Iraq offensive will last 'as long as necessary'

Turkey rejects US pressure for speedy end to military incursion against Kurdish rebels.
Iraq offensive will last 'as long as necessary'
MILITARY INCURSION: Turkey said it would stay in Iraq
Thu 28 Feb 2008 05:43 PM

Turkey said Thursday its offensive against Kurdish rebels in northern Iraq will continue "as long as necessary", rejecting pressure for aspeedy end to the military incursionfrom US Defence Secretary Robert Gates.

As Gates held talks in Ankara, Turkish warplanes bombed separatist Kurdistan Workers' Party (PKK) positions in northern Iraq and intensive fighting was reported on the ground near a major rebel base in the Zap area, Iraqi security sources said.

Turkish Defence Minister Vecdi Gonul and army chief Yasar Buyukanit offered no timetable for a pullout in their talks with Gates, who pressed for the incursion to be "as short and precisely targeted as possible".

"Turkey will remain in northern Iraq as long as necessary" and the troops will return home once PKK hideouts are destroyed, Gonul said.

"There is no need for us to stay there after we finish [off] the terrorist infrastructure... We have no intention to interfere in [Iraqi] domestic politics, no intention to occupy any area," he said.

Gates had said Tuesday that the offensive, launched on February 21, should last no longer than "a week or two" but Buyukanit made it clear that Turkey would not be constrained by deadlines.

"A short time is a relative term. Sometimes this can mean one day and sometimes one year," the army chief said.

"We have been fighting terrorism for 24 years and our struggle will continue," he said, adding that the US has been fighting the Taliban in Afghanistan "for years".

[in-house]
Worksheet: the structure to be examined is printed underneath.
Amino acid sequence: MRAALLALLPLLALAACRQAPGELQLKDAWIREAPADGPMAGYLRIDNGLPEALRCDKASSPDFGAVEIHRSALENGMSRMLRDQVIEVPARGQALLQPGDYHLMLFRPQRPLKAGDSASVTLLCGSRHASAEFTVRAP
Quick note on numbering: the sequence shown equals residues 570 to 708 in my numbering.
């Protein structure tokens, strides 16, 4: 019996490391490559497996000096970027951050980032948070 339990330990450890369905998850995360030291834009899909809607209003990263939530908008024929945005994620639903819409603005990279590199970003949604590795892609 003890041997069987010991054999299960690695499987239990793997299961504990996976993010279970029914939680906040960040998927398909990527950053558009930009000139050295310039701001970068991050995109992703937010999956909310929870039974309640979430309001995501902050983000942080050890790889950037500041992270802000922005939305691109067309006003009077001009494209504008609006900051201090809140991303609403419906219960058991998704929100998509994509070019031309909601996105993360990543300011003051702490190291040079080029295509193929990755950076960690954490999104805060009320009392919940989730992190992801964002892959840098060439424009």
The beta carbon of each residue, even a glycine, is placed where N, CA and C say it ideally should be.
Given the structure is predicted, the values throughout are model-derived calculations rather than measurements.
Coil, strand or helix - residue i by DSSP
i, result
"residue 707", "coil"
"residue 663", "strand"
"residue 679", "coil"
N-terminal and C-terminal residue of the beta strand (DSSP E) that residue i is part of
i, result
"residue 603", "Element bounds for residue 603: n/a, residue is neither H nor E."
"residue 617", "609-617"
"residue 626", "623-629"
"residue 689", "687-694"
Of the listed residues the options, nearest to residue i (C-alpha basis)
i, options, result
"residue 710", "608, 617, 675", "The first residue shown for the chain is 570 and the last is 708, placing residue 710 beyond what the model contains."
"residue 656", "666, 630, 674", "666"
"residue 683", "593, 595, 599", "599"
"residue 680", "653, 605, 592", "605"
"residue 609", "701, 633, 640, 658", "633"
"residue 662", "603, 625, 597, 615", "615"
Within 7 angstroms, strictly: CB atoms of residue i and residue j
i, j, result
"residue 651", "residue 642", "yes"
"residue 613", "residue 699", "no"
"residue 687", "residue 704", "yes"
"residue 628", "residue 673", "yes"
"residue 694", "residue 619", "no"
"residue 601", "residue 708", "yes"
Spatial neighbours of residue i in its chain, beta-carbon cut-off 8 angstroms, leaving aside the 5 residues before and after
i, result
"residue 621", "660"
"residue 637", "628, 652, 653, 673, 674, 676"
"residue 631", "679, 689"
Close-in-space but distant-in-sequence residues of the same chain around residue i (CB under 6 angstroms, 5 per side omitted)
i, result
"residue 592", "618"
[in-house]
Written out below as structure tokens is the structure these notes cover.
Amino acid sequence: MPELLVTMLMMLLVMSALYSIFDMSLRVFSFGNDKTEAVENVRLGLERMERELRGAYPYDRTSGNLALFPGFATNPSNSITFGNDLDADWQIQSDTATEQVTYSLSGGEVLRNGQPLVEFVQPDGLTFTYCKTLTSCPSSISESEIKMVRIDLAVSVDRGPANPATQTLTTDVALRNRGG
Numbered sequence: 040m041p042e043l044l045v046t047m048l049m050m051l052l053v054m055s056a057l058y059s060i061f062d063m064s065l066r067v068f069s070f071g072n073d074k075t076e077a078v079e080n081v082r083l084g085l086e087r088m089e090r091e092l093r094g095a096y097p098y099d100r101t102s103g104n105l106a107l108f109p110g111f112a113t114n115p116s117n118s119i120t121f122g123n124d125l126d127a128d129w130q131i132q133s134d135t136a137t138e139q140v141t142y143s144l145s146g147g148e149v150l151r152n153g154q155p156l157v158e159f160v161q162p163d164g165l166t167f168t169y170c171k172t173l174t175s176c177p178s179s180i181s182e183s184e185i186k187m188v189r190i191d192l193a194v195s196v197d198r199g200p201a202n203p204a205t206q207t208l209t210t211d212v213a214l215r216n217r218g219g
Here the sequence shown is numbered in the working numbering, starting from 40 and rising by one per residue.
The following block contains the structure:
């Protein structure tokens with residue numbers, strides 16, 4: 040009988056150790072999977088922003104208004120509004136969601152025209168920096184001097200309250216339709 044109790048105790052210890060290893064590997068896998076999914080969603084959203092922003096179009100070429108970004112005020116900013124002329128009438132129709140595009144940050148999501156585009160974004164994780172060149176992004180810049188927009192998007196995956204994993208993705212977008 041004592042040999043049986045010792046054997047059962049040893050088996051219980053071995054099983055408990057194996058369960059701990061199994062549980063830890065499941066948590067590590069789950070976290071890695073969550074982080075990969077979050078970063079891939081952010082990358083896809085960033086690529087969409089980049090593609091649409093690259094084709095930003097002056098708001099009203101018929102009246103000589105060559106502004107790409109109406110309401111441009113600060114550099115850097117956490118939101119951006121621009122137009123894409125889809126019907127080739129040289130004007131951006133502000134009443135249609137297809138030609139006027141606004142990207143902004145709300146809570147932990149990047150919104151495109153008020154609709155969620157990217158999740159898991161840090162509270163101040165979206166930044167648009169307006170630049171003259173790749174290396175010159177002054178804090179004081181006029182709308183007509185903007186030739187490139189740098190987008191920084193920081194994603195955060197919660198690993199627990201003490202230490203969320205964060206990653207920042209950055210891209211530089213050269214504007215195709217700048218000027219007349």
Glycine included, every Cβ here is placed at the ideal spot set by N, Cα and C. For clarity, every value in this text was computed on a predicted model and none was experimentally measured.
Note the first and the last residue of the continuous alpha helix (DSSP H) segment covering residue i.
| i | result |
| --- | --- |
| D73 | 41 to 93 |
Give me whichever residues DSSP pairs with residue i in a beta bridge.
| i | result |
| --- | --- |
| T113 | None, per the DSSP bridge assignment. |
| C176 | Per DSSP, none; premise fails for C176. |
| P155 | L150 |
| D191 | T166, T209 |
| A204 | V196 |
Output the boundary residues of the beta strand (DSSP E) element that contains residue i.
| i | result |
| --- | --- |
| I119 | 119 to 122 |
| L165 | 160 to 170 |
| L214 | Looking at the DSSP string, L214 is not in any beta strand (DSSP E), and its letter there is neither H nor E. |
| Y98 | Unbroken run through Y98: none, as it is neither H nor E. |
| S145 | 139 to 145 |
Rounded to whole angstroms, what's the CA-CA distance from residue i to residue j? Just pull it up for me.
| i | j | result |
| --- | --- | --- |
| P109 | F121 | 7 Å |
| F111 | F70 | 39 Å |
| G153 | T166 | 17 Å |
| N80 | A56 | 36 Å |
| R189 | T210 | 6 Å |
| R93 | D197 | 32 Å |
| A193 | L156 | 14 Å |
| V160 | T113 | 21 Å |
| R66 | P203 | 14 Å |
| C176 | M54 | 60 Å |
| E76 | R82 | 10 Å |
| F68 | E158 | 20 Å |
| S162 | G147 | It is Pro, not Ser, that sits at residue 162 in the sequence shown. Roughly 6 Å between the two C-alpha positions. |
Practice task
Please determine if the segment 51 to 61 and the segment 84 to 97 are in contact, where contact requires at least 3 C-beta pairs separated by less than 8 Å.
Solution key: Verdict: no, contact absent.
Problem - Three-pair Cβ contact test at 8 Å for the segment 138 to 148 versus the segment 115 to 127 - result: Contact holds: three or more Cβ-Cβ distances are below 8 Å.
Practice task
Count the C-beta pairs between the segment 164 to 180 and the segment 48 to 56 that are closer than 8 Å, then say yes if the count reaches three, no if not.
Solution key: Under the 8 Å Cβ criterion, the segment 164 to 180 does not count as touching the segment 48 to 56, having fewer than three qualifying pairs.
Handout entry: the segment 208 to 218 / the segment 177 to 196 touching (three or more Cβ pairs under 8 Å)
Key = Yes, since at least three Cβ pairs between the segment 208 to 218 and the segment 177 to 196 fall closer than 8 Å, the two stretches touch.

Ankara says an estimated 4,000 rebels use northern Iraq as a base in their campaign for self-rule in Turkey's mainly Kurdish southeast; the conflict has claimed more than 37,000 lives since the PKK took up arms in 1984.

The US, along with the EU, lists the PKK as a terrorist organization and has supported Nato ally Turkey by providing intelligence on PKK movements.

Gates played down suggestions the US could cut off the intelligence supply if Turkey refuses to withdraw quickly.

"We have shared interests and I think those interests are probably not advanced by making threats or by threatening to cut intelligence," he said.

But Washington is concerned that the incursion could broaden into a wider conflict between Turkish forces and the Iraqi Kurds, who run the autonomous administration of northern Iraq and are staunch US supporters.

Turkey has long accused Iraqi Kurds of providing the PKK with safe haven and weapons, and warned them this week not to shelter rebels fleeing the fighting.

Gates urged Ankara to consider political and economic improvements for its sizeable Kurdish community to erode popular support for the PKK.

"Military action alone will not end this terrorist threat... There must be simultaneous efforts made with economic programs and political outreach," he said. "That's the only way to isolate terrorism from the population and provide a long-term solution."

The Turkish government is already under pressure at home to improve Kurdish rights, tackle rampant poverty in the southeast and amnesty PKK rebels to encourage them to lay down arms.

Gates also met Prime Minister Recep Tayyip Erdogan and President Abdullah Gul before wrapping up his visit.

The Turkish army says it has so far killed at least 230 PKK militants and destroyed dozens of rebel hideouts, camps and ammunition depots, while losing 27 men.

The PKK claims to have killed around 100 soldiers, lost five and to have downed a Turkish attack helicopter.

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